US 3490531 A
Description (OCR text may contain errors)
United States Patent O 3,490,531 THERMAL OIL STIMULATION PROCESS Henry 0. Dixon, Bartlesville, Okla., assignor to Phillips Petroleum Company, a corporation of Delaware No Drawing. Filed May 27, 1968, Ser. No. 732,030 Int. Cl. E2lb 43/24 US. Cl. 166-260 8 Claims ABSTRACT OF THE DISCLOSURE An oil stratum around a well is opened up to increase oil flow and oil is produced therefrom by driving a combustion zone from adjacent the well radially into the stratum, followed by injection of cool liquid hydrocarbon, with or without suitable surfacants, into the heated stratum to cool and sometimes fracture the same, which may be followed by injecion of inert gas, sequentially, and thereafter opening up the well to flow of fluids, including oil. The liquid hydrocarbon may contain from 0.01 to weight percent of an oil-soluble surfactant stable at 650 F.
This invention relates to a process for producing oil from an oil stratum penetrated by a well and opening up the stratum around the well to improve flow of oil at temperatures which are not deleterious to the downhole equipment, including casing and tubing. It is an improvement over a similar process set forth in the copending US. patent application Ser. No. 671,980, filed Oct. 2, 1967, by F. A. Klein in that cool liquid hydrocarbon is used as the quenching and/or fracturing liquid instead of the water used by Klein. The cool liquid hydrocarbon has the advantages over water of not forming emulsions and of keeping the stratum oil wet.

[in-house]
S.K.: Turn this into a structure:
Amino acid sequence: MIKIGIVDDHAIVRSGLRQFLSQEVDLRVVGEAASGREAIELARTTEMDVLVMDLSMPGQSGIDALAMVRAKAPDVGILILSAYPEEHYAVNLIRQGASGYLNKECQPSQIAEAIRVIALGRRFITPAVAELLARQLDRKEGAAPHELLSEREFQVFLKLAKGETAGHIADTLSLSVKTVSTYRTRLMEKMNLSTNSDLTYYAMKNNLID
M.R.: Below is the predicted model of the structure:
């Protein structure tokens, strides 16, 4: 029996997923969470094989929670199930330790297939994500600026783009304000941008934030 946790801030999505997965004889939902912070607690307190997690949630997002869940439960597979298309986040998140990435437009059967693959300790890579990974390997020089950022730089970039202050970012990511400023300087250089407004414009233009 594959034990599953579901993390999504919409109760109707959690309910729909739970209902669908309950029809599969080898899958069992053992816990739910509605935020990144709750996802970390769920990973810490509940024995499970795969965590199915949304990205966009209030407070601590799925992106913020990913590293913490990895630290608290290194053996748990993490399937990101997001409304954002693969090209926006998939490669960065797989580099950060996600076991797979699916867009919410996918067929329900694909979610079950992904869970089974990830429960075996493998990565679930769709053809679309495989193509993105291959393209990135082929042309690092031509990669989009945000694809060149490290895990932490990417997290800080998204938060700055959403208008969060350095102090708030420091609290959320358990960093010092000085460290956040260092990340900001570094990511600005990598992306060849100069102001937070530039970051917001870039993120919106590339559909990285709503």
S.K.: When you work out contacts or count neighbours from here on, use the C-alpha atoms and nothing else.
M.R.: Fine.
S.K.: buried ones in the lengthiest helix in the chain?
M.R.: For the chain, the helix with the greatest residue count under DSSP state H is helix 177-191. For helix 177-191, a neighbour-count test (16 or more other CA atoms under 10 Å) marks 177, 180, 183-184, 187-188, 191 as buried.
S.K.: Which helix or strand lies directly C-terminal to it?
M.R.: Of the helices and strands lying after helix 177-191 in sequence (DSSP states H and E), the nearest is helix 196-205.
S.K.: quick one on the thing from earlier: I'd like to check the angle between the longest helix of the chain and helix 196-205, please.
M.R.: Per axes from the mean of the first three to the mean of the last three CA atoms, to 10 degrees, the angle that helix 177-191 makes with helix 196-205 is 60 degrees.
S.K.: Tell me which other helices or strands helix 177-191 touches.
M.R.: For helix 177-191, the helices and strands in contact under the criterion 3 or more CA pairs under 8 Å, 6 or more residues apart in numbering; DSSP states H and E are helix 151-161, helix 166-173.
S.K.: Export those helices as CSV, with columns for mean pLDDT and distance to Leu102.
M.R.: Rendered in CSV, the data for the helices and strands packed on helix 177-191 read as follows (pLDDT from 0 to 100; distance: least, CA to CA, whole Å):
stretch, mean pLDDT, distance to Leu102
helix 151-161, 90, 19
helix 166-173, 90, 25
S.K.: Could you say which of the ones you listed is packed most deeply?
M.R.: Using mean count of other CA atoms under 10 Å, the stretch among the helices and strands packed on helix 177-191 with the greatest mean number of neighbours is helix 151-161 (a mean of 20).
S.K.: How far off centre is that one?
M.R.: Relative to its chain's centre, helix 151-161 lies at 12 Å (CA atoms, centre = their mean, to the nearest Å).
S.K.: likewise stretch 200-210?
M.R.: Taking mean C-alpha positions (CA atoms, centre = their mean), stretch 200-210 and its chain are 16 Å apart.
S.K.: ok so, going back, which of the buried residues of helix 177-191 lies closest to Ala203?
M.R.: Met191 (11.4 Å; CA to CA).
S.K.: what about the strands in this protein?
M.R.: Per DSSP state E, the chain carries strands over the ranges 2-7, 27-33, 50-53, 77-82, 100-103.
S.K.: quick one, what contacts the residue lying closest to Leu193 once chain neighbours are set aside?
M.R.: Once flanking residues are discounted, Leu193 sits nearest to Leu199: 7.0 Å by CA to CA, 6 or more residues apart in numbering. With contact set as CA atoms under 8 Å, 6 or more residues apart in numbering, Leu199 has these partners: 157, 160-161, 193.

The exposure of casing and tubing in production wells to temperatures in the range of 400 to 550 F. and higher has resulted in cracking, parting, and other detrimental elfects on the steel casing as well as cement damage. This condition has been encountered in the so-called huff-puff steam injection technique, causing shutdown and the need for removing and replacing the casing. Under such conditions, the increases in production costs are obvious. In a huff-puff fire flood operation, the in situ burning produces temperatures of the order of 1000 F. Such a process is disclosed in the copending application of I. C. Trantham, Ser. No. 408,157, filed Nov. 2, 1964, now US. Patent No. 3,332,482. It has been found that the produced oil flowing into the injection and production well following the burning phase of the operation raises the temperature of the casing and tubing to substantially higher temperatures than 400 F., is detrimental to the casing and tubing, and results in severe coking.
This invention is concerned with an improved method of operation, using in situ combustion and flow back into the injection well which avoids overheating the casing and down hole equipment and minimizes coking.
Accordingly, it is an object of the invention to provide an improved huff-pull in situ combustion or fire flood process for producing oil and/ or opening up the stratum around a production well in a reservoir under substantial original pressure. Another object is to provide a process for producing oil from an oil stratum by in situ huffpuif which avoids overheating of the downhole casing and tubing and minimize coking of oil in the stratum.
Patented Jan. 20, 1970 Other objects of the invention will become apparent to one skilled in the art upon consideration of the accompanying disclosure.